B.C.’s patchwork system of helicopter rescue for people injured in remote areas leaves the province far behind the service available in Washington and Alaska, says a new report by B.C.’s Forest Safety Ombudsman.
Ombudsman Roger Harris looked at cases of forest workers injured in the woods, but expanded his findings to describe a “rural-urban divide” where people wait hours for transport to trauma centres, worsening their medical outcomes.
He cited the case of a faller working on Haida Gwaii, whose leg was crushed by a fallen tree in 2014. It took five hours to get him to the hospital in Queen Charlotte City, and another six hours to transfer him to Vancouver where his lower leg had to be amputated.
“And not only did his journey take a total of 11 hours, but it included two separate boat trips, a stint riding in a mechanic’s vehicle over an unserviced resource road, and an hour of waiting before being told that a helicopter was not being sent,” the report says.
Another worker waited more than 12 hours for rescue after being injured at a work site north of Prince George, in an incident being reviewed by WorkSafeBC.
Harris recommends the B.C. government guarantee timelines for all residents to reach a “Trauma 3 level” similar to Washington, where legislation guarantees that 99 per cent of the population has access within an hour.
Alaska, with similar geography to northern B.C. and a population of only 700,000 people, has 31 dedicated helicopters to reach people anywhere in the state within an hour, he said.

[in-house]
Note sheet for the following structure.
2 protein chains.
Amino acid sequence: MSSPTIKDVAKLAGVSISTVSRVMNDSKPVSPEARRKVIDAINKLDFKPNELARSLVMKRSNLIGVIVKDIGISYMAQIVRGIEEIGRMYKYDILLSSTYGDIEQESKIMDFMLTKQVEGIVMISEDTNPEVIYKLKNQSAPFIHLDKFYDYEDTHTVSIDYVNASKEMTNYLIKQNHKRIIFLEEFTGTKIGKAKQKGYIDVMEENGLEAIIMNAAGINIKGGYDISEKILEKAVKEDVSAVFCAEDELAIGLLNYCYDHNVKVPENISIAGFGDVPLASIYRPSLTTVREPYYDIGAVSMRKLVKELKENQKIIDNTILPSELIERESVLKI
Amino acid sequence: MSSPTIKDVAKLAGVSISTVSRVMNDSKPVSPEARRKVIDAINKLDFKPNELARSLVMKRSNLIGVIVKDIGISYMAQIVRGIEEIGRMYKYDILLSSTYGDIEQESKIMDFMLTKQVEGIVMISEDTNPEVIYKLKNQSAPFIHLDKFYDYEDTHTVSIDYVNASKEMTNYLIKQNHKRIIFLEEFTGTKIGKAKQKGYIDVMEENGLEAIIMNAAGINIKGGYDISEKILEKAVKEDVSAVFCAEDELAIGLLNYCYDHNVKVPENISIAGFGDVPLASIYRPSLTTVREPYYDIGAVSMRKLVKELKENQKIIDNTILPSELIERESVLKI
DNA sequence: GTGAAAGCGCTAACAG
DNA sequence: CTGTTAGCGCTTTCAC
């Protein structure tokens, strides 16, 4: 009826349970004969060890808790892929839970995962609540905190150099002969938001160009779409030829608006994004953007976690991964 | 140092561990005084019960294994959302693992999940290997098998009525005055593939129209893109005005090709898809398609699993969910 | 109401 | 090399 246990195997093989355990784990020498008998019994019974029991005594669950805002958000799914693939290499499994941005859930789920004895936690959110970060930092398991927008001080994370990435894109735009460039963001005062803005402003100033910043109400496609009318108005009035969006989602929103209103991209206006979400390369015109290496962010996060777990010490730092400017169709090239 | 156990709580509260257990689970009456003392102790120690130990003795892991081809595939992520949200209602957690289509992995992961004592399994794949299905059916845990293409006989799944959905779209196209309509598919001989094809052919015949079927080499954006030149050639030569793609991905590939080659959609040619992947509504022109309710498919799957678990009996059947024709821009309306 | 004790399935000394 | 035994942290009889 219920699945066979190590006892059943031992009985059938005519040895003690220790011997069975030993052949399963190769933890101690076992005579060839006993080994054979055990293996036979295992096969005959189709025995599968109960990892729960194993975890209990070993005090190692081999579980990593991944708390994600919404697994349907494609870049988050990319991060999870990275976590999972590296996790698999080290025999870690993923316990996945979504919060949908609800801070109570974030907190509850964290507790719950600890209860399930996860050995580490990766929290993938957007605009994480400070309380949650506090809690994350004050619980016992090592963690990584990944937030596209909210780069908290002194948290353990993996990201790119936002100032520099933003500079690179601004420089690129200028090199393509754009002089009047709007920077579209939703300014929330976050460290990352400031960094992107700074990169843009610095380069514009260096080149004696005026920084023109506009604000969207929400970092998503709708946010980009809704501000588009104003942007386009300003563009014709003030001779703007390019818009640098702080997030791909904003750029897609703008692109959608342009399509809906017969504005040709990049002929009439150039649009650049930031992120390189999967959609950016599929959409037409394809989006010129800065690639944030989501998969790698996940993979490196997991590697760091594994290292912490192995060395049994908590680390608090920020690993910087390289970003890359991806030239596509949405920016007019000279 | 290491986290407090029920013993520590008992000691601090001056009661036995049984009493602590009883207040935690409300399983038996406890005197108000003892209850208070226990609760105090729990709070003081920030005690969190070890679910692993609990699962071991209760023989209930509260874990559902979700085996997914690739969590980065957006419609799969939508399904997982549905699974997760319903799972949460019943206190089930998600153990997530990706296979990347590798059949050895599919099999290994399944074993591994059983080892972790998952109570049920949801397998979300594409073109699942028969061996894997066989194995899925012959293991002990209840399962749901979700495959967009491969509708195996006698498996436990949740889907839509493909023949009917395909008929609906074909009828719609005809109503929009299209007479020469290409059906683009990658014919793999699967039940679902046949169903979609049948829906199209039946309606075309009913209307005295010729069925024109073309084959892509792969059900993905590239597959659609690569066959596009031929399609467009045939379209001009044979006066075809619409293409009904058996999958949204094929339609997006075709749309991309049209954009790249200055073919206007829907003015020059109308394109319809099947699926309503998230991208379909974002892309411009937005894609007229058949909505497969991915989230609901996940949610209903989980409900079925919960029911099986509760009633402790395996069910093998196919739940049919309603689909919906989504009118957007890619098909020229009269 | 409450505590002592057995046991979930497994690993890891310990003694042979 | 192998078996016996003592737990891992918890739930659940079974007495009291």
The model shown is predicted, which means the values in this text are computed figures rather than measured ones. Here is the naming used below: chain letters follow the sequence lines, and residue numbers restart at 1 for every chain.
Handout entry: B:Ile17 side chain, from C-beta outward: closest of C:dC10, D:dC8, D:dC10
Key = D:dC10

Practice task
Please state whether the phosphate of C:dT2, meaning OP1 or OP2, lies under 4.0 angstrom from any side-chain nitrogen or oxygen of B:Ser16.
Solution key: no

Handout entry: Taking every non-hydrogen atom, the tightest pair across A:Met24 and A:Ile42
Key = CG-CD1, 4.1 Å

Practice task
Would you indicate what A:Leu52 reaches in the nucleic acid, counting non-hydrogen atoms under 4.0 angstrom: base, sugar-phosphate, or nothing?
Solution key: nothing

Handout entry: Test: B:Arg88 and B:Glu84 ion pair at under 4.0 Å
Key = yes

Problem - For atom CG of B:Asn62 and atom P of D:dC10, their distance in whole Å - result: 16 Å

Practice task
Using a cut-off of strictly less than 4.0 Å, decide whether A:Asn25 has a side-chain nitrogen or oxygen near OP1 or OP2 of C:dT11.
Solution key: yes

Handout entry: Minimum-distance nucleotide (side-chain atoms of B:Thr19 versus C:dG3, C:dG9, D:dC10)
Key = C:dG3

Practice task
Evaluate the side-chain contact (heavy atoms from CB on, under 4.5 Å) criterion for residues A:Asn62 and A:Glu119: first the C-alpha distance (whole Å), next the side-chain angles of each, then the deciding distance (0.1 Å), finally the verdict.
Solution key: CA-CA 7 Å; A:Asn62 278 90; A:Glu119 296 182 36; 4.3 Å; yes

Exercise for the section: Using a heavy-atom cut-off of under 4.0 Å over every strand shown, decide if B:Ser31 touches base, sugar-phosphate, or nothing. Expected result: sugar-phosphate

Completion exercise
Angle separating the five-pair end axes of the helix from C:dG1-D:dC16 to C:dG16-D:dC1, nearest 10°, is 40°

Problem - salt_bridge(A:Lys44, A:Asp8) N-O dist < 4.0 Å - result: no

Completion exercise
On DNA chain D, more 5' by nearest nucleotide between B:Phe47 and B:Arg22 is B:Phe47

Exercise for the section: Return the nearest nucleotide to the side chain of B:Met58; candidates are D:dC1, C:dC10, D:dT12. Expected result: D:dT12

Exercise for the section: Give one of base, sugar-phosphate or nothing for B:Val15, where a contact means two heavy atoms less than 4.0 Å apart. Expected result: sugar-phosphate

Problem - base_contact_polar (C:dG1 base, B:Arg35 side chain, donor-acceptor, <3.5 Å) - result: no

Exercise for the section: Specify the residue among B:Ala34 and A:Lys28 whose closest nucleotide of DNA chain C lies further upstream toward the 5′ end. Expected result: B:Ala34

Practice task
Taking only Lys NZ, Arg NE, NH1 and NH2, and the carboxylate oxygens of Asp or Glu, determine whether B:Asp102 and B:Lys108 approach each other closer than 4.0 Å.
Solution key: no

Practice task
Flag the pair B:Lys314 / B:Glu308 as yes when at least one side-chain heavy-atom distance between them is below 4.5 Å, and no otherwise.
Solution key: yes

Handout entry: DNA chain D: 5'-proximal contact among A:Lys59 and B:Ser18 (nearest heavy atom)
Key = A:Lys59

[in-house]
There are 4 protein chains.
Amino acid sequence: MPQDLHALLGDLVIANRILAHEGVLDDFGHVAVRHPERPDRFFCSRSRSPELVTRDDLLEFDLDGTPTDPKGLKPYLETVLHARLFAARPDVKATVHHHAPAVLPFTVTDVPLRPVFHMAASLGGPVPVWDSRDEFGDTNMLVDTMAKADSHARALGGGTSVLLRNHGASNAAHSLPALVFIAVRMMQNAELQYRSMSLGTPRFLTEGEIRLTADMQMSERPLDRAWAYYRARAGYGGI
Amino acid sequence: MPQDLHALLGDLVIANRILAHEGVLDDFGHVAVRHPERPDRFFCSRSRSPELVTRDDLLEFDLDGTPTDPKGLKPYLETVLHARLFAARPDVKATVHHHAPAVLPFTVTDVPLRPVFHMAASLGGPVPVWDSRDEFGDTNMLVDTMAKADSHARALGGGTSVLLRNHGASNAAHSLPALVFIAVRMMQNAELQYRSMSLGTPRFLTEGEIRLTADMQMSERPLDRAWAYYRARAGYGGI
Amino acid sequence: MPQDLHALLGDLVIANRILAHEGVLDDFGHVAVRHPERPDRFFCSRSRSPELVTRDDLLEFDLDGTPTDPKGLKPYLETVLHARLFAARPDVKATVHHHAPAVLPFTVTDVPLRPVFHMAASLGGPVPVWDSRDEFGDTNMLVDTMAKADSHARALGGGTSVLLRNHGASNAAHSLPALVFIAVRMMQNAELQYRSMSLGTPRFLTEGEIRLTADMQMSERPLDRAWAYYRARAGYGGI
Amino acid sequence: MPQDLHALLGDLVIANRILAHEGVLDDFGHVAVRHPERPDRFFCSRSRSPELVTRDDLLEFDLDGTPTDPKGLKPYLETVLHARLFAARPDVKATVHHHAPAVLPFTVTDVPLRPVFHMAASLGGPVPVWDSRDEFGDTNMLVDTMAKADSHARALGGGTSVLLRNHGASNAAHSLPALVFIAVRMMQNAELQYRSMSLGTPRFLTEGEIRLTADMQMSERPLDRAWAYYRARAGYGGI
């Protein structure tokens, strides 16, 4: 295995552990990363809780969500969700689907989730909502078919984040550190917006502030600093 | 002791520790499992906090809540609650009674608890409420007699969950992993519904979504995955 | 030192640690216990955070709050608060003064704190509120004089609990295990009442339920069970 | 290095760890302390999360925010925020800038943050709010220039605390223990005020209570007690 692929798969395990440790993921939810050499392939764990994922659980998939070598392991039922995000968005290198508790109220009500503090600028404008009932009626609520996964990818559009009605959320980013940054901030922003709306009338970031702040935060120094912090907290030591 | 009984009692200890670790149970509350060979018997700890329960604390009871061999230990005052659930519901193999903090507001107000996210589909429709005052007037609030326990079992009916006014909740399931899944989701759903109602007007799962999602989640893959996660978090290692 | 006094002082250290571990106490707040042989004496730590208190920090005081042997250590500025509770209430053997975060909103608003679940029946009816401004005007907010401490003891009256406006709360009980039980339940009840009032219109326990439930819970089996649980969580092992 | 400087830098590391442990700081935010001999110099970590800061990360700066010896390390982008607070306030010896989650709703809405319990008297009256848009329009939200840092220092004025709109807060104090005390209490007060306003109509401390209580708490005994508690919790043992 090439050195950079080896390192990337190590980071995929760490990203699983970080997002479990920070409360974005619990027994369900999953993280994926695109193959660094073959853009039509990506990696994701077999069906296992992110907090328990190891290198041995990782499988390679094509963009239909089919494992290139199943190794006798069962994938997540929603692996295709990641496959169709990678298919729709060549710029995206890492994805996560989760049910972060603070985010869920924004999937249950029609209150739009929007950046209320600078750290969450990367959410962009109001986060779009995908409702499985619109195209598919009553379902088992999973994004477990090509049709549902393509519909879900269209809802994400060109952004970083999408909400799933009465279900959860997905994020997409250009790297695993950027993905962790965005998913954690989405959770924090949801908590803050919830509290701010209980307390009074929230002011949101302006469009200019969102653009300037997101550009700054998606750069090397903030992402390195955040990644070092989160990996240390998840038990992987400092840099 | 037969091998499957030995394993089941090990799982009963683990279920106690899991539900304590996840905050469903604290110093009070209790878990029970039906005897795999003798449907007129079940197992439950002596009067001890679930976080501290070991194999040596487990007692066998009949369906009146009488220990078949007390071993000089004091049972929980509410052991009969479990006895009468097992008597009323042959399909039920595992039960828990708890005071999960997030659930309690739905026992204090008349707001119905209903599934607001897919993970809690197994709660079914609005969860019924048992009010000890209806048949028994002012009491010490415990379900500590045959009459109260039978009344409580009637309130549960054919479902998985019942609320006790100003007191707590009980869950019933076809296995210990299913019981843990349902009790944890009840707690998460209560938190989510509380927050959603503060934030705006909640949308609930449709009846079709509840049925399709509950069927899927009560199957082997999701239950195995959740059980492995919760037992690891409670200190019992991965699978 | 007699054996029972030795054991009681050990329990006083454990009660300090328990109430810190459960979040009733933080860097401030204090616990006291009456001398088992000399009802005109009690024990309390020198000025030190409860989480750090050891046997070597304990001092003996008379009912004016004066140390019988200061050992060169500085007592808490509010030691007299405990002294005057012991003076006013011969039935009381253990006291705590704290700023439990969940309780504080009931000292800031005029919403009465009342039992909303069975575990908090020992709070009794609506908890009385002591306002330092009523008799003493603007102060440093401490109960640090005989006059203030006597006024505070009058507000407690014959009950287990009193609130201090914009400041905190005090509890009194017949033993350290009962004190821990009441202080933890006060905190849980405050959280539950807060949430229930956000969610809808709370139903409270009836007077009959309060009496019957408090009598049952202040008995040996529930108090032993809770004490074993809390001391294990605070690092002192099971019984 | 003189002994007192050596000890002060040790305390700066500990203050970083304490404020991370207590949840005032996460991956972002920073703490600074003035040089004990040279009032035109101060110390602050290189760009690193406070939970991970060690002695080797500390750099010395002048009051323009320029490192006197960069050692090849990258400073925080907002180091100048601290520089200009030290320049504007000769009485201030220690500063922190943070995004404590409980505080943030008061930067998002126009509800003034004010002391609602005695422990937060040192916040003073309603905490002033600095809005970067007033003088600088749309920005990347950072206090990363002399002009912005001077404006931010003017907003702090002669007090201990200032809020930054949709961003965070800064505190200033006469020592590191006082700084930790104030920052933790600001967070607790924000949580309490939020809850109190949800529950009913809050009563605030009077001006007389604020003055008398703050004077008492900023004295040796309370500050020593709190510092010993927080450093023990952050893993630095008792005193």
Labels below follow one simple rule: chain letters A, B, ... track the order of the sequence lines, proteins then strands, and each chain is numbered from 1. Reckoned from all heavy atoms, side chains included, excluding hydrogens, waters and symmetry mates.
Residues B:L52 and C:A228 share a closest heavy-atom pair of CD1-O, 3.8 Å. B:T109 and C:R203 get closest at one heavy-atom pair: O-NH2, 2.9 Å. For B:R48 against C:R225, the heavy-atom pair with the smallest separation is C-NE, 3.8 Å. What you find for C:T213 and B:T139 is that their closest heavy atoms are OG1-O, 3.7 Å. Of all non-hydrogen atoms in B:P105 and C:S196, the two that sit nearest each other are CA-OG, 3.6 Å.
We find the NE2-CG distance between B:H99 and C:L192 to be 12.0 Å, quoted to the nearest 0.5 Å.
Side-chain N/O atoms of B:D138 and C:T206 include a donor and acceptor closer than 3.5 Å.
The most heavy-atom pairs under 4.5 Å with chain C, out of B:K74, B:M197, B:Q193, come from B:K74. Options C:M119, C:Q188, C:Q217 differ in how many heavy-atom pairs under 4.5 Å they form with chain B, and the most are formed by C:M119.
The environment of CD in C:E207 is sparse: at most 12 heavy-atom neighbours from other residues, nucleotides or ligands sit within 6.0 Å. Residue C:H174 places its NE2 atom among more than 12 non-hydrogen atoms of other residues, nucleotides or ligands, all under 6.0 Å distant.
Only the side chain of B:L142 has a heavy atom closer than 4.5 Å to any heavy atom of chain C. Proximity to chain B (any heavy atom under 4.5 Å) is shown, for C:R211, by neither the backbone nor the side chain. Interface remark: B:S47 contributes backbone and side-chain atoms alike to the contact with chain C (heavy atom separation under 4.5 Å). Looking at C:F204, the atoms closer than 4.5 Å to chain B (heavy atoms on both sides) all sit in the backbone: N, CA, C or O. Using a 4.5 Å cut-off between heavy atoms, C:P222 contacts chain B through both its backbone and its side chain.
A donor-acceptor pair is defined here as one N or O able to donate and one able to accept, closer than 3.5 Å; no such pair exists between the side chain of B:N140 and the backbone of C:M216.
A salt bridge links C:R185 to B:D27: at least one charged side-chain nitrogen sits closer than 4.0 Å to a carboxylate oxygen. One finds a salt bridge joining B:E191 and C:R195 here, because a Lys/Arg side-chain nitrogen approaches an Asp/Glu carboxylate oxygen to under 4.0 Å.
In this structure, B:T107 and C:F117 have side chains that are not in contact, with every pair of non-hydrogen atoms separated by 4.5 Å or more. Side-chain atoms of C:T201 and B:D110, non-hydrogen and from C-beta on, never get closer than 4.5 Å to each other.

The report notes that emergency response in B.C. is shared among fire departments, the B.C. Ambulance Service (BCAS), search and rescue organizations and the RCMP, with volunteers and contractors involved in some services.
For job-related accidents, WorkSafeBC regulations require that employers have an emergency transportation plan for their employees, in remote areas. Linda Lupini, vice president of B.C. Emergency Health Services, said that includes logging, mining, fishing and ski resort operations.
“Our paramedics currently respond to patients only from a safe, clear area,” Lupini said in a statement responding to the report. “No matter the location, air ambulances and paramedics are dispatched according to the care needs of each patient, and the level of urgency required.”
Harris said rural areas need more resources.
“BCAS has concentrated its assets and full-time trained personnel within the larger urban centres where call volumes are high,” Harris wrote. “With fewer air assets in the north, BCAS rely mainly on a dedicated, volunteer, part-time workforce, predominantly utilizing a land-based ambulance response to respond to emergencies.”